Press Release | October 20, 2009

New Report Calls for Swift Action to Clean Up Birmingham Air

The metropolitan Birmingham area ranks #1 for the worst soot pollution of any urban region in the South, with levels high enough to put more than 400,000 children and adults directly at risk for heart and lung disease. For most of the past 20 years, the area has exceeded federal standards for another pollutant, ozone, which also causes or worsens breathing disorders like asthma.

These are serious health risks, borne by all in metro Birmingham. Cleaning the region's air is imperative, and although there are several straightforward steps to achieving that goal, each has its own challenges.

The Southern Environmental Law Center (SELC) released a report today that for the first time provides a comprehensive overview of the multiple pieces of Birmingham's air-pollution challenge in layman's terms to better engage the broader Birmingham community in understanding and solving the problem. In the report, Clean Air for the Birmingham Area, SELC identifies the major sources of Birmingham's air pollution and offers seven recommendations for reducing the pollution while ensuring a strong economy and a vibrant quality of life.

“Although the air has improved from the days when the steel mills blackened the sky, we still have a ways to go to bring pollution to a level that protects the health of all our citizens, especially children, the elderly, and those with respiratory disease, all of whom are most at risk from breathing dirty air,” said SELC senior attorney Gil Rogers, a principal author of the report. “With increasing scientific understanding, we now know that even at incredibly small amounts, ozone, soot and mercury can do great harm in humans, and in wildlife.”

SELC is distributing the report to government officials and citizens who are interested in improving air quality in the region. The report is available for free to the public at

Highlights from Clean Air for the Birmingham Area
The problems:

  • The American Lung Association ranks metro Birmingham #5 in the country for soot (particle pollution), worse than industrial hubs like Detroit and larger urban centers like Atlanta.
  • Over 17% of Alabama teens between 15 and 18, and 7% of adults are asthmatics, a condition worsened and sometimes caused by ozone and soot pollution.
  • In 1998, asthma cost Alabama about $100 million in direct costs of medicines and health-care services, and about $76 million in indirect costs such as lost productivity in the workplace. Asthma rates have risen since then.
  • Jefferson and Shelby counties have lost $5 billion in economic investment and have had to turn down 15 major manufacturing projects due to dirty air.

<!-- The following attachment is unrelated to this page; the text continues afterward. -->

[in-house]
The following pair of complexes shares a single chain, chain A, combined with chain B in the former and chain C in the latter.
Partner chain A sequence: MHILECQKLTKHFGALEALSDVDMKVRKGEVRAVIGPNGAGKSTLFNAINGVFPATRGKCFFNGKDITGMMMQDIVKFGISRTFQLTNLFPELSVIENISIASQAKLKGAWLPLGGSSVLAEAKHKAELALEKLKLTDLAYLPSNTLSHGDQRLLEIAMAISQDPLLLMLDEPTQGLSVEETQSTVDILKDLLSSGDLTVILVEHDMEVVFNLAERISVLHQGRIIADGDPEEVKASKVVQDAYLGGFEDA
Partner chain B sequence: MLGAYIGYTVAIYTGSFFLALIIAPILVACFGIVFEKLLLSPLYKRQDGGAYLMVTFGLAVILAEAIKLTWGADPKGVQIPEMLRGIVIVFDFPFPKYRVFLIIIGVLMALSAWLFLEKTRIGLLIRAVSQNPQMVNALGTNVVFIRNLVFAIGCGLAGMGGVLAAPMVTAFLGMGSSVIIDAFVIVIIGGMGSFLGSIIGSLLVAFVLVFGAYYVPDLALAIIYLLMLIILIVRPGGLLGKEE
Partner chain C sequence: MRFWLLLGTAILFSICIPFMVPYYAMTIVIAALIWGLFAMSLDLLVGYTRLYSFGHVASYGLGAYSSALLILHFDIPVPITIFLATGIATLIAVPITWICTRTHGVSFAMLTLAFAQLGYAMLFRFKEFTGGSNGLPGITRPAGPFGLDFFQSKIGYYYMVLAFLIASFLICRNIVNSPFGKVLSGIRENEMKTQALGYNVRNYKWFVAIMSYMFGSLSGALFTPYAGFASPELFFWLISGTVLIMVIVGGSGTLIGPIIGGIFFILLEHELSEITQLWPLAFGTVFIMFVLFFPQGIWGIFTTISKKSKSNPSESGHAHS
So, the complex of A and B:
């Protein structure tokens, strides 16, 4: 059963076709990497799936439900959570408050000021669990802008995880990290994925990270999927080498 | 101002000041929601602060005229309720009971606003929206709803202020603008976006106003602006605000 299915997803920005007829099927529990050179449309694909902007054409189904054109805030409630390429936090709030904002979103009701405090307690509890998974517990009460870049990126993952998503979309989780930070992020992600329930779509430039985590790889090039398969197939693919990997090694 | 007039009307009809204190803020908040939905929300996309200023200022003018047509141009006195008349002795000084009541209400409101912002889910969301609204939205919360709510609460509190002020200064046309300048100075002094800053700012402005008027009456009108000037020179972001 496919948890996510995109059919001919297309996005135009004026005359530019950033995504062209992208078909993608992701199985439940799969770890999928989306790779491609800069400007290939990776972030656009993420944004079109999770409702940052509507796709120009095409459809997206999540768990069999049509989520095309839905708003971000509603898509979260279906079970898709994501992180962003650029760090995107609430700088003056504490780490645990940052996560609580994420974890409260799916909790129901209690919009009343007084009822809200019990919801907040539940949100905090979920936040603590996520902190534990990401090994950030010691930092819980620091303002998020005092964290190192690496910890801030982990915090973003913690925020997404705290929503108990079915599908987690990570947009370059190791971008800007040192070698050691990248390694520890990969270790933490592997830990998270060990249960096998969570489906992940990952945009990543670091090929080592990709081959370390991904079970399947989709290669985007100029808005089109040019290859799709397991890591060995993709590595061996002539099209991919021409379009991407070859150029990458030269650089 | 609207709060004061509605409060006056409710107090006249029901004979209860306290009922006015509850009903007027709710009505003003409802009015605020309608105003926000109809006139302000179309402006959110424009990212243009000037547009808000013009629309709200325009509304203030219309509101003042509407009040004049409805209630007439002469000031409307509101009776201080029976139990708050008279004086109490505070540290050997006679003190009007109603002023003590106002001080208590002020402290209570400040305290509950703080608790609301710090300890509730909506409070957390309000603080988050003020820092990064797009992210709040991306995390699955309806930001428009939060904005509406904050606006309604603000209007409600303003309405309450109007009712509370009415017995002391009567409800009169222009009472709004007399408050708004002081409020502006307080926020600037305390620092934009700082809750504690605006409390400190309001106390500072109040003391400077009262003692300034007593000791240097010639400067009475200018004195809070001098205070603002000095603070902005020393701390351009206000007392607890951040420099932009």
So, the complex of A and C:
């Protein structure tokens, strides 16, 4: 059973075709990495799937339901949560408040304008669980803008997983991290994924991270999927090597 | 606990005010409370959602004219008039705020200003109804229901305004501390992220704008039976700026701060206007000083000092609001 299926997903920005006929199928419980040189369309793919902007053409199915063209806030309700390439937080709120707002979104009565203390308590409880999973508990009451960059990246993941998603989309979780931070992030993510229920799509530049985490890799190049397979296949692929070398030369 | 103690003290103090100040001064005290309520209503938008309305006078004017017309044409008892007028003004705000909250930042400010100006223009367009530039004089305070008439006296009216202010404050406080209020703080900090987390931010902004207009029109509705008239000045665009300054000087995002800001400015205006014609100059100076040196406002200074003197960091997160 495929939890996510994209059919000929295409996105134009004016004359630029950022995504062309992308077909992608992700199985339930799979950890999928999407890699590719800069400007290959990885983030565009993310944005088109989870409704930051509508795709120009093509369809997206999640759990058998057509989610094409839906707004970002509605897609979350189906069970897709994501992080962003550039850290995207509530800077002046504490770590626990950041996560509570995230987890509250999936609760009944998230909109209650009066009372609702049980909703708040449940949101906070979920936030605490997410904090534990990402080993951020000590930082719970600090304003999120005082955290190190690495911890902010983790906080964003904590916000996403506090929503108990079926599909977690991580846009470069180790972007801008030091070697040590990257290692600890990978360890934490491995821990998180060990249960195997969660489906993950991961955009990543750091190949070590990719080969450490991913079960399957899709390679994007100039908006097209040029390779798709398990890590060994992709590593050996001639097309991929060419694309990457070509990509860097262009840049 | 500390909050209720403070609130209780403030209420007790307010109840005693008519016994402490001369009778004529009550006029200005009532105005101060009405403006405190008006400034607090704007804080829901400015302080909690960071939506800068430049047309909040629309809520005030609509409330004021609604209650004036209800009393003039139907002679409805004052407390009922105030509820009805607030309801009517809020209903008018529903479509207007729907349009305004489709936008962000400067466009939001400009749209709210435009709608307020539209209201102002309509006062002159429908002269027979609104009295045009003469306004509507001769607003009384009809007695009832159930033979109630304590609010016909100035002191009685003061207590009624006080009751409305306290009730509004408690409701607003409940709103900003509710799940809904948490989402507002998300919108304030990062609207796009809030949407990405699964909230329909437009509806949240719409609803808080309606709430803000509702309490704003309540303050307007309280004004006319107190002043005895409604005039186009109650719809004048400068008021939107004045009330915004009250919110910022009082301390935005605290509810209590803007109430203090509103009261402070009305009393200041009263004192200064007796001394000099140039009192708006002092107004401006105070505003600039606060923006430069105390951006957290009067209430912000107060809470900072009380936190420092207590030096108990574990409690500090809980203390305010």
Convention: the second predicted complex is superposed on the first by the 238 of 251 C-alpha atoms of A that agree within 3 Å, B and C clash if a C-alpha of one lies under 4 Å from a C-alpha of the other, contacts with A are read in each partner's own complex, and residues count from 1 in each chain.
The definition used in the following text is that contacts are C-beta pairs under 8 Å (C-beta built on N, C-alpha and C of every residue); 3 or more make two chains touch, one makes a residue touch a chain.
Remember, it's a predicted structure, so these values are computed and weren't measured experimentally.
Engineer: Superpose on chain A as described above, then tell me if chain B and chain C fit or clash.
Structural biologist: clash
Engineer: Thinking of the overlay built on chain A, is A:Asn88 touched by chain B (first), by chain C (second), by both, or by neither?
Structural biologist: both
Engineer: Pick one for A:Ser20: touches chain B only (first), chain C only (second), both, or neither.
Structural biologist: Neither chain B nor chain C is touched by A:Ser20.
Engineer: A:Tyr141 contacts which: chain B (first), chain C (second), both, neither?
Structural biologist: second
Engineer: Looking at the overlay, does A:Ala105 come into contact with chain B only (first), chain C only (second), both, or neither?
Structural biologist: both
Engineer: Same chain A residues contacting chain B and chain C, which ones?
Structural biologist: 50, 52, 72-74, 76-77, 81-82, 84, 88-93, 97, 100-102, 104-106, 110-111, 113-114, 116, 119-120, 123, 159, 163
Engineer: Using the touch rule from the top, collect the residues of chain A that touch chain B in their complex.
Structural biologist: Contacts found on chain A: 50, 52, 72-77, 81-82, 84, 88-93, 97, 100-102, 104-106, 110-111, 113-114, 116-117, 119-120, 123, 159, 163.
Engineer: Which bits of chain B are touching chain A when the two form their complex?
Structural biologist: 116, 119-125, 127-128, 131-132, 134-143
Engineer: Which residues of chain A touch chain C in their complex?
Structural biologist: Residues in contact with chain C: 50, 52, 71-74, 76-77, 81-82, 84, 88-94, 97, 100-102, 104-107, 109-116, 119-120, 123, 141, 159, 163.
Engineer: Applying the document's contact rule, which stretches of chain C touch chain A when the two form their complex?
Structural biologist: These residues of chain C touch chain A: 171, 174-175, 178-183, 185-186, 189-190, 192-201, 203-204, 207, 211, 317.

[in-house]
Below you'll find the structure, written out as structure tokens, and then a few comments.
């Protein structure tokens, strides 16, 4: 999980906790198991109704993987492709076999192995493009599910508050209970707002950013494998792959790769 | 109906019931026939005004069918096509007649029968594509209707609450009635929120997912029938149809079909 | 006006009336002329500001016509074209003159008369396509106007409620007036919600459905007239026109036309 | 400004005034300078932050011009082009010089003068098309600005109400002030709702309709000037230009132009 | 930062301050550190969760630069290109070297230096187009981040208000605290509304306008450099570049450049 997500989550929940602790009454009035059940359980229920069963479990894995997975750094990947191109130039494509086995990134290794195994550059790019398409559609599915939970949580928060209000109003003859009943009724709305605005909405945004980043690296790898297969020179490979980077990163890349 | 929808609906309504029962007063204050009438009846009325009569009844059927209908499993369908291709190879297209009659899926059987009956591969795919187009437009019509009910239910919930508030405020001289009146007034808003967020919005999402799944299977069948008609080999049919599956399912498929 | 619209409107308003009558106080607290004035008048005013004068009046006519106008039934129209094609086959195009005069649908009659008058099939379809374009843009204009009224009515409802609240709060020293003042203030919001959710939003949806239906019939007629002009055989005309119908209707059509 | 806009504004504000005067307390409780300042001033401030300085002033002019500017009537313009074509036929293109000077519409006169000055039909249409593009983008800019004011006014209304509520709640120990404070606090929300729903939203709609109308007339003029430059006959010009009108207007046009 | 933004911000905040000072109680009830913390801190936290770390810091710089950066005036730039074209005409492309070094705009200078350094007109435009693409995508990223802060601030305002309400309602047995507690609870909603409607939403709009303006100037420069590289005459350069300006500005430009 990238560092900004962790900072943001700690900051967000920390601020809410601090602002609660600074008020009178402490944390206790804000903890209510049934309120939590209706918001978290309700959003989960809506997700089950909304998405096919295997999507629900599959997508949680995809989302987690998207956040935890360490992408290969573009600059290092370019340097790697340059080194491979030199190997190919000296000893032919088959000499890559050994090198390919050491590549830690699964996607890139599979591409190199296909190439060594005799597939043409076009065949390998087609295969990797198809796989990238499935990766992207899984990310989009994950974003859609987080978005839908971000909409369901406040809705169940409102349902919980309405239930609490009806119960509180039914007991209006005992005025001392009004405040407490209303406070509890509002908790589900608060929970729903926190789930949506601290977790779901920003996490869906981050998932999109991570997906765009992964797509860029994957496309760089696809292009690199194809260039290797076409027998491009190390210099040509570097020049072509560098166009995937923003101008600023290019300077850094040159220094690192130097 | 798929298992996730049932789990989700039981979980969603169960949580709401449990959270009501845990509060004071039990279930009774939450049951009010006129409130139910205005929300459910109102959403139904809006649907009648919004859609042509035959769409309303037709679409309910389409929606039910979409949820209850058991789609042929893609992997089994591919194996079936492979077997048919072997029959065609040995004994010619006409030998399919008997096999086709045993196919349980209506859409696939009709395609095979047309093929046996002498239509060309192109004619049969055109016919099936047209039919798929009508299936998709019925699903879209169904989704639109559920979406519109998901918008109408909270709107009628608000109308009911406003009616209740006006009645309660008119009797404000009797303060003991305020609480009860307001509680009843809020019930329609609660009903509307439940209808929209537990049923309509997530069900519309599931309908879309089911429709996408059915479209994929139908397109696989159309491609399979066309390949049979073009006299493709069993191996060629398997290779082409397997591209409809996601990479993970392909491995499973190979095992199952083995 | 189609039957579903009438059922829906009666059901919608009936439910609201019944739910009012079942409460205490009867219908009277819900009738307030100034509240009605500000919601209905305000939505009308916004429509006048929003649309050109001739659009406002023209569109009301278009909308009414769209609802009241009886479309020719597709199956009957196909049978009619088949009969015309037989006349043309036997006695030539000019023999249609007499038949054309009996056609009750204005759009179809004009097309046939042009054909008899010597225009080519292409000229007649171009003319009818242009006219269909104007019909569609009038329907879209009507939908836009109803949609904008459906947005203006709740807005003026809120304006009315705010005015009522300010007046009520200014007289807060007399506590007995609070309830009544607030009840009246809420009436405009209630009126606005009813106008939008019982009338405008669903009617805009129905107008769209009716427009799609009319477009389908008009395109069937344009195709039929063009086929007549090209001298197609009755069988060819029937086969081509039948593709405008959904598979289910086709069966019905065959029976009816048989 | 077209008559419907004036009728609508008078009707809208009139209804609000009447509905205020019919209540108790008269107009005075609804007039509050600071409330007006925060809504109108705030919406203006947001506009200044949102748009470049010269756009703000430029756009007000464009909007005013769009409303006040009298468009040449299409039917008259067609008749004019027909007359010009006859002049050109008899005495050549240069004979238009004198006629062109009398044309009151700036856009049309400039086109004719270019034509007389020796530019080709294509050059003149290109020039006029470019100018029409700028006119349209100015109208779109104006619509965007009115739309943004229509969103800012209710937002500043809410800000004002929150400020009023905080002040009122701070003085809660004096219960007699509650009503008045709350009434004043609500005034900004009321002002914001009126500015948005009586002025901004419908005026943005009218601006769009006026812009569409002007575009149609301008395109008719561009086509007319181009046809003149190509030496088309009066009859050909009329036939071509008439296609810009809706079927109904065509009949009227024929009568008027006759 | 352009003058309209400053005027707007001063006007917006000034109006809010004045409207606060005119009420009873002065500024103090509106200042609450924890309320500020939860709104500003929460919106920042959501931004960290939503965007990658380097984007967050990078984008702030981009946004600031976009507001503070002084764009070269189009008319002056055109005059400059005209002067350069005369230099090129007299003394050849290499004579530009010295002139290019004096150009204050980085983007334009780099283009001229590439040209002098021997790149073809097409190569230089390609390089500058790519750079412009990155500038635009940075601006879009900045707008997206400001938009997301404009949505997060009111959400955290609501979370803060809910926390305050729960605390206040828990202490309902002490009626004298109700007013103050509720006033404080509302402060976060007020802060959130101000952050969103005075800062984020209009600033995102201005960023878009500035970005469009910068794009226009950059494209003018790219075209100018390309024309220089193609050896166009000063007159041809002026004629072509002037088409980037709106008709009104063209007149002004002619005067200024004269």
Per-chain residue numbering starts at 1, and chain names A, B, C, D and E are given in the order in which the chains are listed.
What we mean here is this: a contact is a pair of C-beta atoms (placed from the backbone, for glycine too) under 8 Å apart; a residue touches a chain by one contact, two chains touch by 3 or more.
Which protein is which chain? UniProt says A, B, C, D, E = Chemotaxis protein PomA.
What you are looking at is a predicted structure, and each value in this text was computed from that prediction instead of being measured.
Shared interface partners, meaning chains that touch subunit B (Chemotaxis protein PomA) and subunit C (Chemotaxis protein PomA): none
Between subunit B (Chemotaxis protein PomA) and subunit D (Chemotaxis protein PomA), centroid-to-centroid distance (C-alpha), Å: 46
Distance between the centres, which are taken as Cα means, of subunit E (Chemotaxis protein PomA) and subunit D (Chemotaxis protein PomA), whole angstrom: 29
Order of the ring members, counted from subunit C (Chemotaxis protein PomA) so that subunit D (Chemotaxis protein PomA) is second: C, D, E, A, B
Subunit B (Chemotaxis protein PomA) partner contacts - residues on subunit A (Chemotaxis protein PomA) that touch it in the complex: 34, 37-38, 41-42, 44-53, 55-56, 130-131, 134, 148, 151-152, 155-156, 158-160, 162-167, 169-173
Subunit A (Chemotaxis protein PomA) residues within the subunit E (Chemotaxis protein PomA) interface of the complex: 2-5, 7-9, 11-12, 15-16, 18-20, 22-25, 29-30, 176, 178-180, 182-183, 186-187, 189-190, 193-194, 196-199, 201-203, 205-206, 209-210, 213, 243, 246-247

• Mercury, emitted from power plants and other sources, turns deadly in rivers and estuaries. The Alabama health department has imposed fish consumption restrictions due to mercury on 36 water bodies including Opossum Creek, Valley Creek, and Lewis Smith Reservoir.

The sources:

  • The primary sources of sulfur dioxide and nitrogen oxides – which form soot pollution – are three old coal-fired power plants: Gaston (1960), Gorgas (1951), and Miller (1978).
  • Even with pollution controls currently planned for the facilities, they will still account for 89% of sulfur dioxides and 50% of nitrogen oxides in metro Birmingham in 2012.
  • The three plants are also the primary source of the nitrogen oxides that make ozone, while vehicles are responsible for a third of the other ingredient, volatile organic compounds.
  • Gorgas, Gaston and Miller are also the leading source of mercury emissions in the region – 75% in 2007. About one gram of airborne mercury falling in a 20-acre lake makes the fish unsafe to eat.)
  • Miller ranked #1 in the country for mercury in 2007, emitting 2,000 pounds that year. It is ranked the 2nd dirtiest power plant for all the pollutants combined.

Climate change concerns:

  • Alabama emits more carbon dioxide that most other states. Per capita, it ranks 9th. And carbon emissions are growing faster than most states as well – 23% between 1990 and 2005.
  • From the energy sector, more than half of Alabama's carbon emissions come from power plants.
  • The Miller plant ranks #2 nationally for power plant carbon emissions.


SELC's seven solutions: 

  • Strictly limit nitrogen oxides and sulfur dioxide emissions from the three coal-fired power plants, and ensure that Alabama Power installs and fully utilizes required pollution controls.
  • Require concrete reductions in mercury emissions from the Miller, Gaston and Gorgas plants and other coal plants in the state. * Expand the ozone “nonattainment” to include more counties surround Birmingham to ensure comprehensive cleanup and to benefit more people.
  • Pass state legislation mandating cuts in power plant emissions to supplement federal standards.
  • Develop a long-range transportation plan that boosts mass transit and accounts for connection between land use and transportation needs.
  • Cut soot pollution from heavy-duty diesel engines. * Make energy efficiency and renewable energy sources a top priority.


The Southern Environmental Law Center is the only regional nonprofit using the power of the law to protect the health and environment of the Southeast (Virginia, Tennessee, North and South Carolina, Georgia, and Alabama). Founded in 1986, SELC's team of 40 legal experts represent more than 100 partner groups on issues of climate change and energy, air and water quality, forests, the coast and wetlands, transportation, and land use.

Are you a reporter and would like more information? Please visit our press contact page for a full list of SELC’s press contacts.